My name is Vipin and I was recently underemployed!
For the past 4 months, I have been the most senior (age only) of interns here at Parse.ly. Before that, I was a graduate of a good university and wandered aimlessly in the so-called “Real World”. I didn’t know what subject to major in, so I did what any other person would do in my shoes…picked economics. Econ is a great, broad subject that surprisingly has a lot of great benefits. The biggest benefit? You learn value.
A couple of months out of college, and I found myself applying to any job that would take me because I had “value” to offer them. After what seemed like hundreds of interviews, I landed a role as a client development associate at a national healthcare staffing firm. I thought to myself, here is a place that needs the value I’m about to dish out, and so I took the position with a chest held high and tons of optimism. In all fairness to this employer, I should have done more research on the position before I blindly said “hell yeah”. As months went by, I realized I was adding value to this company but not receiving any of it back. Sure I was getting paid well, had medical benefits, and a 401K to utilize, but the job itself didn’t give me the satisfaction I was looking for. Three months into it, I did what every person around me told me not to do — I quit. With 3 months of experience as a telemarketer, my resume looked bleak and I thought my future would follow.
No longer with a chest held-high, I pondered my choice of major and career decisions. Then it hit me, I already knew my value (shout outs to my mom, dad, and Professor Garces for showing me what that value is: college-educated, tenacious, creative, and a risk-taker.) But given the lack of experience, I didn’t have many choices except starting from scratch. Being at the bottom of the business world, my only option was to become a lowly intern.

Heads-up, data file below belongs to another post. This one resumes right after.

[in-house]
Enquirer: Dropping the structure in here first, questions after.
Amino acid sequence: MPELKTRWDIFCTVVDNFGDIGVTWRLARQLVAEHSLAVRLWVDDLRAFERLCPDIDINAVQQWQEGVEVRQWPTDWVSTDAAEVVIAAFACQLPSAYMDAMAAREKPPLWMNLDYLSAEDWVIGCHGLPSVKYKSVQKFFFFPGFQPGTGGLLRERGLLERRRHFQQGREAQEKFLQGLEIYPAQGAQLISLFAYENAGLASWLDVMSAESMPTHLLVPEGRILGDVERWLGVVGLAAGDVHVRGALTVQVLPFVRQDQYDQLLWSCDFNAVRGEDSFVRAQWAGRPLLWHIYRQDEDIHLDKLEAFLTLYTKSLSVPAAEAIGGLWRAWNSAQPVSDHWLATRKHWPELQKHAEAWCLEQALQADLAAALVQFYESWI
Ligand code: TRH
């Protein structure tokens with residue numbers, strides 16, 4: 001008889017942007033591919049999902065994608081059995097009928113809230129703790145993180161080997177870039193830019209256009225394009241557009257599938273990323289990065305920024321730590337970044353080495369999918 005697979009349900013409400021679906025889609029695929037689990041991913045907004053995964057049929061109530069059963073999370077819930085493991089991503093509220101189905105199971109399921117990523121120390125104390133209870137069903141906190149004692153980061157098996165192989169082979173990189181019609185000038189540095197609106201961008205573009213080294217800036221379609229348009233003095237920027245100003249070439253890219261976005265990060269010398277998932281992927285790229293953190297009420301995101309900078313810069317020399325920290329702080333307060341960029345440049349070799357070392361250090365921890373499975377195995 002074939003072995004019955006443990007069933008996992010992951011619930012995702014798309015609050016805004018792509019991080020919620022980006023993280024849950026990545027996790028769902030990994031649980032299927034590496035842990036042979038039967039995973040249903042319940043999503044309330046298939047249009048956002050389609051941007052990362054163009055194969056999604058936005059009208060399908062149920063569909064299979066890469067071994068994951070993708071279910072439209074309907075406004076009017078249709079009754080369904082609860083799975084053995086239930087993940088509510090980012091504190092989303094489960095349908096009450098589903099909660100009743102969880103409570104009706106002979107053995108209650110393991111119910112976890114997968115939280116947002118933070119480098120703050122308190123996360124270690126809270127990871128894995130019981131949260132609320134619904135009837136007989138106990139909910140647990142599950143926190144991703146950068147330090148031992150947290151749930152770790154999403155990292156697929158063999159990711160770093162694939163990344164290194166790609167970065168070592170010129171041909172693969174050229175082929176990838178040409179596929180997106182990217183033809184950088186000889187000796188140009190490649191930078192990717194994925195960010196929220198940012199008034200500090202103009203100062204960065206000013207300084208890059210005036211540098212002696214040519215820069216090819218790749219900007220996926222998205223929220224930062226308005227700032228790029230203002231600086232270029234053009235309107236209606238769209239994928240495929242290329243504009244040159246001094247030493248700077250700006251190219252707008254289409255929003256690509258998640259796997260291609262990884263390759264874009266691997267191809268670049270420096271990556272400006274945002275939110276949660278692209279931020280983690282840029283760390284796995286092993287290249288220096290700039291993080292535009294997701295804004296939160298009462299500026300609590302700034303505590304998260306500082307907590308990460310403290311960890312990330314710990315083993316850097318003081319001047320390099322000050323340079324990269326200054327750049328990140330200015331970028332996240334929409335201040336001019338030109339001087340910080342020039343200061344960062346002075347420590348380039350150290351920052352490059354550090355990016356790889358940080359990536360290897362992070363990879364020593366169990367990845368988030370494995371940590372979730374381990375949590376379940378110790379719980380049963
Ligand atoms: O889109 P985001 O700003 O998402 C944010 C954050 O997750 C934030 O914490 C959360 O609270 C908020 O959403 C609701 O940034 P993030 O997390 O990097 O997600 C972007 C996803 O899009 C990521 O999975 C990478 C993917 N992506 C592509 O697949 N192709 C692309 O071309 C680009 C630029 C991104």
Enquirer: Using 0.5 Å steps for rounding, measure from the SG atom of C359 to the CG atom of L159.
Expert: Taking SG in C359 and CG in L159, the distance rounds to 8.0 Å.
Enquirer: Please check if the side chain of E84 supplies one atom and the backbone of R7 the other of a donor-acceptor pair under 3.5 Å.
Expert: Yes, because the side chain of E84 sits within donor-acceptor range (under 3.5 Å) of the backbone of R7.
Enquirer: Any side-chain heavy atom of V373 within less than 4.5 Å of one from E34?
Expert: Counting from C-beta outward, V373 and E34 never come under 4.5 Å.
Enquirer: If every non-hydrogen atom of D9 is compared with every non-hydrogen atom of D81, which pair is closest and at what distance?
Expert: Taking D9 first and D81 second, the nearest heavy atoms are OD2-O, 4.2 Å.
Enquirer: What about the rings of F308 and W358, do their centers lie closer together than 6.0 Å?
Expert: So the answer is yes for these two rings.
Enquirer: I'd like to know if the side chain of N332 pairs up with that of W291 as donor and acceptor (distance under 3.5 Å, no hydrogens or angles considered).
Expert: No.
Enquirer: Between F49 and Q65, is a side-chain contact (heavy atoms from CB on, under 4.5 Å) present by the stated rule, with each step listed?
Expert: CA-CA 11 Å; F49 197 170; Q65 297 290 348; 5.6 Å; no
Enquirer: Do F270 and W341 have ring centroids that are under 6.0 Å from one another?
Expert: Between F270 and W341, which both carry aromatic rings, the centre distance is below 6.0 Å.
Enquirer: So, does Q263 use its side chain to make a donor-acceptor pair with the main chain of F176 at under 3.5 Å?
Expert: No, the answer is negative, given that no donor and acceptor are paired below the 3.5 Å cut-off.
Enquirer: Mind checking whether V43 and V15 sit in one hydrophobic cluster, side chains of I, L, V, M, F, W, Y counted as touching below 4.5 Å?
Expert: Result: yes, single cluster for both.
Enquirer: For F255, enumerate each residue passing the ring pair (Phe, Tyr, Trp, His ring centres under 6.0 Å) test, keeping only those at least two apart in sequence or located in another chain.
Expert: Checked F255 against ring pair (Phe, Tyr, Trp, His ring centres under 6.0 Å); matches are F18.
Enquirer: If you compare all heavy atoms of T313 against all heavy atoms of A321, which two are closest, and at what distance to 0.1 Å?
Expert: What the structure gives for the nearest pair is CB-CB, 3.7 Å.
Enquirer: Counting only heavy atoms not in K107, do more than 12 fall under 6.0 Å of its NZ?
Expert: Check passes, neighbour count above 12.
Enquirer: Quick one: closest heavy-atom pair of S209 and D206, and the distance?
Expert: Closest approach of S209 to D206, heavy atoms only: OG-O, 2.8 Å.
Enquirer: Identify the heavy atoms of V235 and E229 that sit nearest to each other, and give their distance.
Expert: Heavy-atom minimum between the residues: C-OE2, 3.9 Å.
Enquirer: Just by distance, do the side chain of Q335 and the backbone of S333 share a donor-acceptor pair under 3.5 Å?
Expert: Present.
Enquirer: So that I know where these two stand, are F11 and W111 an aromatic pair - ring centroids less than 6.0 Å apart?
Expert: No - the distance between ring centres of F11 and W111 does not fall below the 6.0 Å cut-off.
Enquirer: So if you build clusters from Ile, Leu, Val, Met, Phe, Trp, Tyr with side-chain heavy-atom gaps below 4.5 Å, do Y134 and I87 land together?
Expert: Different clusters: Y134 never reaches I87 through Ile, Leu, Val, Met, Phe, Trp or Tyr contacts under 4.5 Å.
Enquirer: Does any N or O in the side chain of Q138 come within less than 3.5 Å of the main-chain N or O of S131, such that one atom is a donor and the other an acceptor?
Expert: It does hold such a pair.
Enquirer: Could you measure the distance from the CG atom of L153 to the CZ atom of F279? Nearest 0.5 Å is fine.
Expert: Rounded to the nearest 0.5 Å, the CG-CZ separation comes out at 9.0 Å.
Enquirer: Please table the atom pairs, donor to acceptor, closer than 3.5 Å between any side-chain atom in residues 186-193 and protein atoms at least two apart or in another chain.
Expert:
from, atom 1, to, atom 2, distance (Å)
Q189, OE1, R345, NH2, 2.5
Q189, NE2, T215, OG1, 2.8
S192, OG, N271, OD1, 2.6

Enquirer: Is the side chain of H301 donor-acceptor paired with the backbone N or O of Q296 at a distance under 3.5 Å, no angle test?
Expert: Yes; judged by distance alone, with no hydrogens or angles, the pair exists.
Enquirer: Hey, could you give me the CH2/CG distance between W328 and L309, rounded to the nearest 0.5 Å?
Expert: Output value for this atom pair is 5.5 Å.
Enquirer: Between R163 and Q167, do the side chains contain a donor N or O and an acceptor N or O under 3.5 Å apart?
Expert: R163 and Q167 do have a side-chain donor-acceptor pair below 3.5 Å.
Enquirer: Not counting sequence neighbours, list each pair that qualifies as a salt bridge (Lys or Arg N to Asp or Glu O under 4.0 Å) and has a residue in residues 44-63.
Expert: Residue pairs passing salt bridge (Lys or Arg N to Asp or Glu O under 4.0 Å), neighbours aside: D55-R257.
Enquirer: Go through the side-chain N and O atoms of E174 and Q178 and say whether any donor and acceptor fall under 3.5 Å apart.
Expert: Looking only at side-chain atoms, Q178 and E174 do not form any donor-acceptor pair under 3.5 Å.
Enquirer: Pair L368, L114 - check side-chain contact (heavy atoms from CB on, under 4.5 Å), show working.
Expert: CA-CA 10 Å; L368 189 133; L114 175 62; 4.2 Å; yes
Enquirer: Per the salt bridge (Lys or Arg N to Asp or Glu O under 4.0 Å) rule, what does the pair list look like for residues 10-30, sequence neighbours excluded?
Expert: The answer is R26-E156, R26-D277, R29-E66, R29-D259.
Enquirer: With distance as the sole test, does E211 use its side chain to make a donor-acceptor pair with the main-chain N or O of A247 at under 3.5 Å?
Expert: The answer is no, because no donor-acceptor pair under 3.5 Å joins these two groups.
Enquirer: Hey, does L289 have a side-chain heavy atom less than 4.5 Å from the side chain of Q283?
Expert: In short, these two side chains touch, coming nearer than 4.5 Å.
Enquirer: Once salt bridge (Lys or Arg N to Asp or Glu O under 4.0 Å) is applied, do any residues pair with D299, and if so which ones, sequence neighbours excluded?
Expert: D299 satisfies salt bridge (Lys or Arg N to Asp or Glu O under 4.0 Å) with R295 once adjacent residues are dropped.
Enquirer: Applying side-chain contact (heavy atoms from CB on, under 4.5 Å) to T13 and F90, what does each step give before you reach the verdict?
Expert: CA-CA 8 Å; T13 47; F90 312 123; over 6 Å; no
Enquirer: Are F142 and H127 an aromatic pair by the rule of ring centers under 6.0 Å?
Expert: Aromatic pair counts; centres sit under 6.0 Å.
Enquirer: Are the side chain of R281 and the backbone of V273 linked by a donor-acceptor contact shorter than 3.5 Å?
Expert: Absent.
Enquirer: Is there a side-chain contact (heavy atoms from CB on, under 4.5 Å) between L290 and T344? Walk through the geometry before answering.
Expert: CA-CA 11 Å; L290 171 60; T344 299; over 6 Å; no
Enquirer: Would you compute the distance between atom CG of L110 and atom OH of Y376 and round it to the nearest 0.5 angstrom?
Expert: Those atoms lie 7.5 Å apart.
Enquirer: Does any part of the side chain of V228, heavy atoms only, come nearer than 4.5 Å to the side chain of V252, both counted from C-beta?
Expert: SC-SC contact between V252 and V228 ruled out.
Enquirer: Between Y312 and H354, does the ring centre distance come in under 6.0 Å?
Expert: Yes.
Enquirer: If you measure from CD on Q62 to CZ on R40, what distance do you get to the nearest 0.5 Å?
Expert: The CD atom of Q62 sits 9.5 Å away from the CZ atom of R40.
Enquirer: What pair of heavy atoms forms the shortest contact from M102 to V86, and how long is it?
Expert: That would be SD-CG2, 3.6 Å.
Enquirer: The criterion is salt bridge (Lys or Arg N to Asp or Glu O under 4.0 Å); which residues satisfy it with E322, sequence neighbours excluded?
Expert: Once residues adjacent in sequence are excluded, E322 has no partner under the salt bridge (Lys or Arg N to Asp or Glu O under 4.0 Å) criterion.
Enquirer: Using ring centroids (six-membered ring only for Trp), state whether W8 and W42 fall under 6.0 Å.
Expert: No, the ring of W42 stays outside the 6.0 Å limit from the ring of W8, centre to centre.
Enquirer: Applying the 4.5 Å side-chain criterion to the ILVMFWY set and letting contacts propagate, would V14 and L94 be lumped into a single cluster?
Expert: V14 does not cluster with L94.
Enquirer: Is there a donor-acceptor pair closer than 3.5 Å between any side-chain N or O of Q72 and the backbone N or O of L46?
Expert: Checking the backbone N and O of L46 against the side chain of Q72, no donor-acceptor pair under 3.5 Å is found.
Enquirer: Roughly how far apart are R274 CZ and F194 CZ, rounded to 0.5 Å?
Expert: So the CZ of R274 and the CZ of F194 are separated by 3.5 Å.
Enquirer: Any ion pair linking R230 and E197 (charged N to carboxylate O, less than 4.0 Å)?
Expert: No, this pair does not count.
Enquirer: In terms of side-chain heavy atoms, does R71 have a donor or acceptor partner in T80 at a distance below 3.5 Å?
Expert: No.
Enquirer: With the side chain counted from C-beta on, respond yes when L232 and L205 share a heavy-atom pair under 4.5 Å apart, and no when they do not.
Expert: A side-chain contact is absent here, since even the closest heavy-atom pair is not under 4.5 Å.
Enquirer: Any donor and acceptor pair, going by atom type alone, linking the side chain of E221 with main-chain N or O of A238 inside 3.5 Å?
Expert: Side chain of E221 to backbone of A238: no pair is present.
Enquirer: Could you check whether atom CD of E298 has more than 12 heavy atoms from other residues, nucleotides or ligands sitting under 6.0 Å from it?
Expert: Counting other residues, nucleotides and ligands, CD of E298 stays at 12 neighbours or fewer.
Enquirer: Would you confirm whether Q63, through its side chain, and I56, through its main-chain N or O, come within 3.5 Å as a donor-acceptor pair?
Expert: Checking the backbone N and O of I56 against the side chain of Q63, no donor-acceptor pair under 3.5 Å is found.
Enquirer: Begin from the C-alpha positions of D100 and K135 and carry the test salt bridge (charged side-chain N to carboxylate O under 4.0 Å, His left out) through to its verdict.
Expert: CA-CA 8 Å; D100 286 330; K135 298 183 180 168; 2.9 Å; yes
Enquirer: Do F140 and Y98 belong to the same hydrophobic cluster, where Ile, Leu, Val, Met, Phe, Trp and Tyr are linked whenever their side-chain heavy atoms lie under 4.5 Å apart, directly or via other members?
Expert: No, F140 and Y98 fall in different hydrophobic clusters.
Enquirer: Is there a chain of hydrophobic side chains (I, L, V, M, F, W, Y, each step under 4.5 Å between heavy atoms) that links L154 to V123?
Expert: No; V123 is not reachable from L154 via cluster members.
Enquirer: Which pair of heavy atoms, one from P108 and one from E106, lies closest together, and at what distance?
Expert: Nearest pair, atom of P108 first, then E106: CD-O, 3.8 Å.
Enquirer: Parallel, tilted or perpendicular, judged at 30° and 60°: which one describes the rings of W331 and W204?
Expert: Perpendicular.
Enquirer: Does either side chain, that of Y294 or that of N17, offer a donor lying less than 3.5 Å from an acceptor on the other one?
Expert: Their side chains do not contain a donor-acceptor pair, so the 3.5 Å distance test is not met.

Except I was completely wrong about it being lowly! After searching for a bit I took an internship position with Parse.ly. An interesting option, as I first applied to Parse.ly to be their full-time account manager (hint: I didn’t get the job). But I built rapport with John, the marketing/sales director, and he kept in touch frequently, finally offering me a position as a business intern in May. I accepted the job knowing that I should be ready for a knowledge-rich ride and that there were no guarantees on employment after the 4 months were up. A risk? Yes, but a much more calculated one than my previous choice.
So I chose to be underemployed, and while I was the butt of many jokes amongst friends and family, I haven’t regretted it once. How am I not regretting taking a paycut and completely losing my benefits? Well because I took only a financial paycut, meaning I was being rewarded with knowledge on how to start and run my own business, making customers happy, and having an occasional beer with my superiors. So what I lost my medical benefits, I’m 22 and healthy as a horse…a horse that wheezes up the stairs in the morning because it likes to go drinking with other like-minded equines…but a healthy horse nonetheless.
After 4 months I have a few more lines of responsibilities and accomplishments on my resume, but a ton of great business experience. I made newsletters that were sent out to leaders in the digital publishing industry. I signed Parse.ly up for a “startups only” basketball tournament, and we did great. I ate lunch every Thursday with legends in the NYC tech community. I tweeted on behalf of the company. I wrote this blog post. These are things I never imagined a lowly intern would do, but guess what? Underemployment was the best thing that has ever happened to me and I couldn’t be more grateful.
I want to take this time to thank everyone at Parse.ly for giving me the opportunity to take risks and be rewarded beyond my wishes. I will take this experience with me to the next job, and every job after that. And for those of you who are in the shoes I was in over 4 months ago, I ask you this: does the word intern scare you because you’d rather be unemployed than be unhappy underemployed? If it does, then read this post, change your thought process, and garnish your career with knowledge the “regularly-employed” wish they had.